@Lou: It's folks like you and Patrick Moorhead that are showing us Luddites the way. You will prpobably live at least seven months longer than I will given the extra time I spend lugging by computer backpack around like the digital caveman I have become ;-)
I write this reply on my ipad 2, sitting In a coffee shop. Since I got this ipad, my laptop has collected dust in my closet. I added a Bluetooth keyboard 18 months ago and it's functionality has replaced the laptop completely, paired with cloud services and a wifi link to my desktop. In record audio a video interviews, take and send photos, conduct conference calls, make overseas calls for free, play games. Watch television programs, control my tv, surf the net, participate in social media, write articles, keep records, do business accounting, listen to music. And I carry in in a lightweight messenger bag. It weighs a fraction of a laptop and has all the functionality of a laptop.
Well said Rick. I haven't seen this viewpoint written anywhere else, but I definitely agree. I've got my work laptop that I dock to a couple of 20inch screens at the office. I'll use it to work from home a lot of nights. I prefer typing on a regular keyboard. And the laptop has Microsoft Office and other programs I need if I'm creating content. I'm not sure a tablet would be as easy for creating new power points.
I've got a Kindle Fire, but I rarely use it. There are no ipads in my home and I don't feel like I'm missing out on much. My kids use the kindle to play games and I'll sometimes downloads books on it. But I don't feel the need for any more screen time. And if I do, you're right that the 55-inch TV fills that need when I'm home and my iphone 4 fills the need when I'm out and about.
I am having the same problem with the tablet I have. I use my IPhone 4s because it serves the purpose that I need (i.e. phone calls, texting, contact organization, email, maps, etc...). I use either my work notebook or my home desktop because it serves the larger computing purpose that I need (i.e. needed work functions, larger emails, finance applications, etc...). The tablet has been relegated to the realm of play more than anything else (I definitely prefer Angry Birds on the larger screen than a phone). I have tried to use it for useful work, to have it supplement my notebook or desktop, but it just can't do that, whether it be the apps designed for it or the keyboard, it just can't replace my desktop or notebook. I am wondering if I need a tablet that has good battery power that I can walk around the house with or take to a meeting, but still be able to get my larger computing needs done. I don't want to have to compromise when it comes to productivity on a large screen. I already compromise on my phone, but it serves the purpose that I need. The tablets that are out now are just big phones without all of the features to allow me to get larger computing tasks done. Tablets need to not be another device, but a capable replacement device. I have a phone, I don't need just a bigger version, I need it to work on a larger scale.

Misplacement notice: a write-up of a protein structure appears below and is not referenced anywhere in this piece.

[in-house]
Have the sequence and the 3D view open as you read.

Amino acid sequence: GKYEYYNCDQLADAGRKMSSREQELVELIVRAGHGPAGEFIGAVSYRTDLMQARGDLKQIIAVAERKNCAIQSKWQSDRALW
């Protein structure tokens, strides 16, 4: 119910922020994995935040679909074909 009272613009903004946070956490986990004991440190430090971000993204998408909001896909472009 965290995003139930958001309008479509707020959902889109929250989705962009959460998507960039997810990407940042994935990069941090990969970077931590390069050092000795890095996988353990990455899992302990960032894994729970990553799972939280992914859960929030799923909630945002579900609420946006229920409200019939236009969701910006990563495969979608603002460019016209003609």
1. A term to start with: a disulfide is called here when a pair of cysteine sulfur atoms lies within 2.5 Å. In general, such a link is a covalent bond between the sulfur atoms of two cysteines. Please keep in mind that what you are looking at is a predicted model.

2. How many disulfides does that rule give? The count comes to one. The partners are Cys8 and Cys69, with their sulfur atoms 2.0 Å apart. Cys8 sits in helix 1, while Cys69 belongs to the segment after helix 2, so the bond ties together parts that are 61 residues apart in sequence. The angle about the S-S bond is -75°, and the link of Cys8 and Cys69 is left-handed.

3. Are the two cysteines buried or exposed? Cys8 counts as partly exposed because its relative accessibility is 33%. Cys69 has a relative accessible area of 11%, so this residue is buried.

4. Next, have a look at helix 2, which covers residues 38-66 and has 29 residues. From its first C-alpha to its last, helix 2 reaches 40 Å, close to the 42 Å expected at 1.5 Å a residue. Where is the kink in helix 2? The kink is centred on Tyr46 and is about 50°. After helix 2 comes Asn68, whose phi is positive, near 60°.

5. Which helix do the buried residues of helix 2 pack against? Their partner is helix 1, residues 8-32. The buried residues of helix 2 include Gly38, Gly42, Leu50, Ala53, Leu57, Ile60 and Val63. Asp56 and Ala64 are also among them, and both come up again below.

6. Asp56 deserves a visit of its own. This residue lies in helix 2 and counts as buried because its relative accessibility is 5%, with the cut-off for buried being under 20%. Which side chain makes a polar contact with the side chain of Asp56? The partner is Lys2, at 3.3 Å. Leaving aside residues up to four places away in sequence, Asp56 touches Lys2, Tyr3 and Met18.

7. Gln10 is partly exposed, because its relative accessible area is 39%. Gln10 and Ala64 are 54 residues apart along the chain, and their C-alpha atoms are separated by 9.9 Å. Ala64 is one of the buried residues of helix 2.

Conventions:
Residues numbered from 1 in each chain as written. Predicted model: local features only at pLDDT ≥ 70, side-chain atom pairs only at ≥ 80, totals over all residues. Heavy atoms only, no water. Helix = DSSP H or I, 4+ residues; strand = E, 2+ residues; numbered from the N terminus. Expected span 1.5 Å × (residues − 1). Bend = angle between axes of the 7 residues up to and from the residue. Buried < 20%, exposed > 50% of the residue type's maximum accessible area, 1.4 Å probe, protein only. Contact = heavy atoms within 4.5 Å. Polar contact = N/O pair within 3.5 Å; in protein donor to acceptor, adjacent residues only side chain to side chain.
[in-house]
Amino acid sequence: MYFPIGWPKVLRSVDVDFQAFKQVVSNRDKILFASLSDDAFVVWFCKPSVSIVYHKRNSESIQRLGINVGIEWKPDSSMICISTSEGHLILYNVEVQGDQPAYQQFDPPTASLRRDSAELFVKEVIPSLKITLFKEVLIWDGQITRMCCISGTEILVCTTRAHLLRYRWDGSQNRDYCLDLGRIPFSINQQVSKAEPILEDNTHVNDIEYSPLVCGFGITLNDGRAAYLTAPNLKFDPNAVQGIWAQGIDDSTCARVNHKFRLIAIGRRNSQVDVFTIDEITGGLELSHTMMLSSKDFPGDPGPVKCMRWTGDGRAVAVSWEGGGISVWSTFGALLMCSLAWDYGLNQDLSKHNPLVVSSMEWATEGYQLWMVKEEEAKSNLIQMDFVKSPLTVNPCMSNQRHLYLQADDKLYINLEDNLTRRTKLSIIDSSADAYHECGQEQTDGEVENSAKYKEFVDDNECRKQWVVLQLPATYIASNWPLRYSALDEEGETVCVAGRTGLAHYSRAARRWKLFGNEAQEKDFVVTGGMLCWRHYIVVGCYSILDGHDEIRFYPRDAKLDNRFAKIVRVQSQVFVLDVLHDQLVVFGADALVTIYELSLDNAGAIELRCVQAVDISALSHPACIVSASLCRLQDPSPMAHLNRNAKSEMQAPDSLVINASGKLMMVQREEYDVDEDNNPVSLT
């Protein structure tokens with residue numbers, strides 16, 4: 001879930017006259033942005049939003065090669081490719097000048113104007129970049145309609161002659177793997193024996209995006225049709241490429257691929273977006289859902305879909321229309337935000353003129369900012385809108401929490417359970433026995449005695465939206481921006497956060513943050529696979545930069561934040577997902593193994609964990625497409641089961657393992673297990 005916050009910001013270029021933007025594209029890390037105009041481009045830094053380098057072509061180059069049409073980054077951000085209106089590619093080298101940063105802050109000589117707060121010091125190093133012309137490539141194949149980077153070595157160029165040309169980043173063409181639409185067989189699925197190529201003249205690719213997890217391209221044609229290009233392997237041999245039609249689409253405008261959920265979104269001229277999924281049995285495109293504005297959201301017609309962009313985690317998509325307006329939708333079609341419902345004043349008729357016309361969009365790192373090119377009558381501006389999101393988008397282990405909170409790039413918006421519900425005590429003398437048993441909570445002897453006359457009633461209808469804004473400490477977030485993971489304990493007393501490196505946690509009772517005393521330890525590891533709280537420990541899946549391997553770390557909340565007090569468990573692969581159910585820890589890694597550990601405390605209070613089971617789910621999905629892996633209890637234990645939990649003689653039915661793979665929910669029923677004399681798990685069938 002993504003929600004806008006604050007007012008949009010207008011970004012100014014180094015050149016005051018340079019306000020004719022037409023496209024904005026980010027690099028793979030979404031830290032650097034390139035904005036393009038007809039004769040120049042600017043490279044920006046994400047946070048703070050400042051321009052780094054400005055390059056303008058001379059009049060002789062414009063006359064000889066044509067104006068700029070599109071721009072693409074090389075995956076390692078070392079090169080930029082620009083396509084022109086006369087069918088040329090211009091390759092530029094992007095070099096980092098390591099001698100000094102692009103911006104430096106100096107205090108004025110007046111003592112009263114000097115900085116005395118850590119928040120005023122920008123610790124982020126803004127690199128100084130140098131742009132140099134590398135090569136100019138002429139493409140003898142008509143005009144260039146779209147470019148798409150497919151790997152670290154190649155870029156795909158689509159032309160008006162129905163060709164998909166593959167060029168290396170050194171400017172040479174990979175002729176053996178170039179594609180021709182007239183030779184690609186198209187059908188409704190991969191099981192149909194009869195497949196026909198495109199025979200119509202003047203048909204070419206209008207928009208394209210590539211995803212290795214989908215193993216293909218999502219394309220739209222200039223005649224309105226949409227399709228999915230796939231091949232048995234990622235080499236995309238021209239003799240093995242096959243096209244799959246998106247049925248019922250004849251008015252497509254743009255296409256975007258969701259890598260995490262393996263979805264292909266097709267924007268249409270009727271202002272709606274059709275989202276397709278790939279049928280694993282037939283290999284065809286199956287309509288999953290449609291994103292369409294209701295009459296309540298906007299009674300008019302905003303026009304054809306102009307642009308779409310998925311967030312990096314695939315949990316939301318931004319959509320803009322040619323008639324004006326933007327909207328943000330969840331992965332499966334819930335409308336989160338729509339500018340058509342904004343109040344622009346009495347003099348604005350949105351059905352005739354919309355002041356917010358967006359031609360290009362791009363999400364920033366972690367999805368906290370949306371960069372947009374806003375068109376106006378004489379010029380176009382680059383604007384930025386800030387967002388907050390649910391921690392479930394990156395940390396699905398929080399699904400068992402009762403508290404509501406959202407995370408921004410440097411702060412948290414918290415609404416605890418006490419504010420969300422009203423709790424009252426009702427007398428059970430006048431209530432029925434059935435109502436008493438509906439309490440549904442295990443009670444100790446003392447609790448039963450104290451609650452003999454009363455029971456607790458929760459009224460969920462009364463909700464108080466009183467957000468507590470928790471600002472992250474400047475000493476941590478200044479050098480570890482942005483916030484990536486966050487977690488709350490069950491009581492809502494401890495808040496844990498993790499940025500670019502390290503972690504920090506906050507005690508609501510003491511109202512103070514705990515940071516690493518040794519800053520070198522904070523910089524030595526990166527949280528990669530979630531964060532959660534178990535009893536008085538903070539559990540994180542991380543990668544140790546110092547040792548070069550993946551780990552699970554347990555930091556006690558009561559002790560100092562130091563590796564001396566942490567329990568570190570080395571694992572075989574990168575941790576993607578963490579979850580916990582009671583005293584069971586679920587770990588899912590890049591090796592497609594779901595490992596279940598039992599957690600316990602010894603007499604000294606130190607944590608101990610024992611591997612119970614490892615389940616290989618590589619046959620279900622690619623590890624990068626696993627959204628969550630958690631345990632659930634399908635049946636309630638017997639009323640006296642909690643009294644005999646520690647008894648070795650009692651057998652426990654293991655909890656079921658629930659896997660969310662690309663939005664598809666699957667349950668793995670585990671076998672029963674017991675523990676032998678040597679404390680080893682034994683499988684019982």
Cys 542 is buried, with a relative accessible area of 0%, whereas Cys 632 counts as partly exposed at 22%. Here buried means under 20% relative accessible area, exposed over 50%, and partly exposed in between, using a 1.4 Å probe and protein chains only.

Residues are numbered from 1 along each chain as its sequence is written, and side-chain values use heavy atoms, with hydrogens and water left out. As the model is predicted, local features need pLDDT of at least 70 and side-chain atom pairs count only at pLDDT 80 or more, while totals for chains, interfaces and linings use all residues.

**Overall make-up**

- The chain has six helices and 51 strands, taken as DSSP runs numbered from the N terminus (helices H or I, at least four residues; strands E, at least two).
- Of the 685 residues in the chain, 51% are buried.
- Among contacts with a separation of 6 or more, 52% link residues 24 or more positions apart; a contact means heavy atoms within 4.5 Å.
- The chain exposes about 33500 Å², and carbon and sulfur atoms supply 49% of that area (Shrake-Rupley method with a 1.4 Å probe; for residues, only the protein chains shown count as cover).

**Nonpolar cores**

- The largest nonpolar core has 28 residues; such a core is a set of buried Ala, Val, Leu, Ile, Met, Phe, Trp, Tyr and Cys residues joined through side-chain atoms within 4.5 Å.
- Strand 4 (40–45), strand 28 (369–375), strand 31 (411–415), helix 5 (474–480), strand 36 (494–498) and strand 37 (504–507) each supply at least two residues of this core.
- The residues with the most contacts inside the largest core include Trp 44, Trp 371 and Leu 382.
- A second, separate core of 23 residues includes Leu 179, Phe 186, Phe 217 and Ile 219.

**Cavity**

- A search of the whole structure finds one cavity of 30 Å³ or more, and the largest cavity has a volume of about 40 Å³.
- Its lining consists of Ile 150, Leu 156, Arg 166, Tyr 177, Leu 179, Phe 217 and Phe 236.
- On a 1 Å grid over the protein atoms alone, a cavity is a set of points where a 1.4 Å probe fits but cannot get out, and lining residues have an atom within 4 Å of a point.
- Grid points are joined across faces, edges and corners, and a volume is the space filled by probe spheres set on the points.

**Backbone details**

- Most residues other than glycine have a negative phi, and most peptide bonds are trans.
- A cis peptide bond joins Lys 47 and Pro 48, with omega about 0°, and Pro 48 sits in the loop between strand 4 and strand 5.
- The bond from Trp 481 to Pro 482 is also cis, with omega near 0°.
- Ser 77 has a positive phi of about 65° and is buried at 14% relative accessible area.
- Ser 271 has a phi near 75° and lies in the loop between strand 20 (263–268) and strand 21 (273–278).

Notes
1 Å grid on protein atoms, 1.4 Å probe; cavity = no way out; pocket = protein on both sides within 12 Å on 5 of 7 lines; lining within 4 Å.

What are the engineering and design challenges in creating successful IoT devices? These devices are usually small, resource-constrained electronics designed to sense, collect, send, and/or interpret data. Some of the devices need to be smart enough to act upon data in real time, 24/7. Are the design challenges the same as with embedded systems, but with a little developer- and IT-skills added in? What do engineers need to know? Rick Merritt talks with two experts about the tools and best options for designing IoT devices in 2016. Specifically the guests will discuss sensors, security, and lessons from IoT deployments.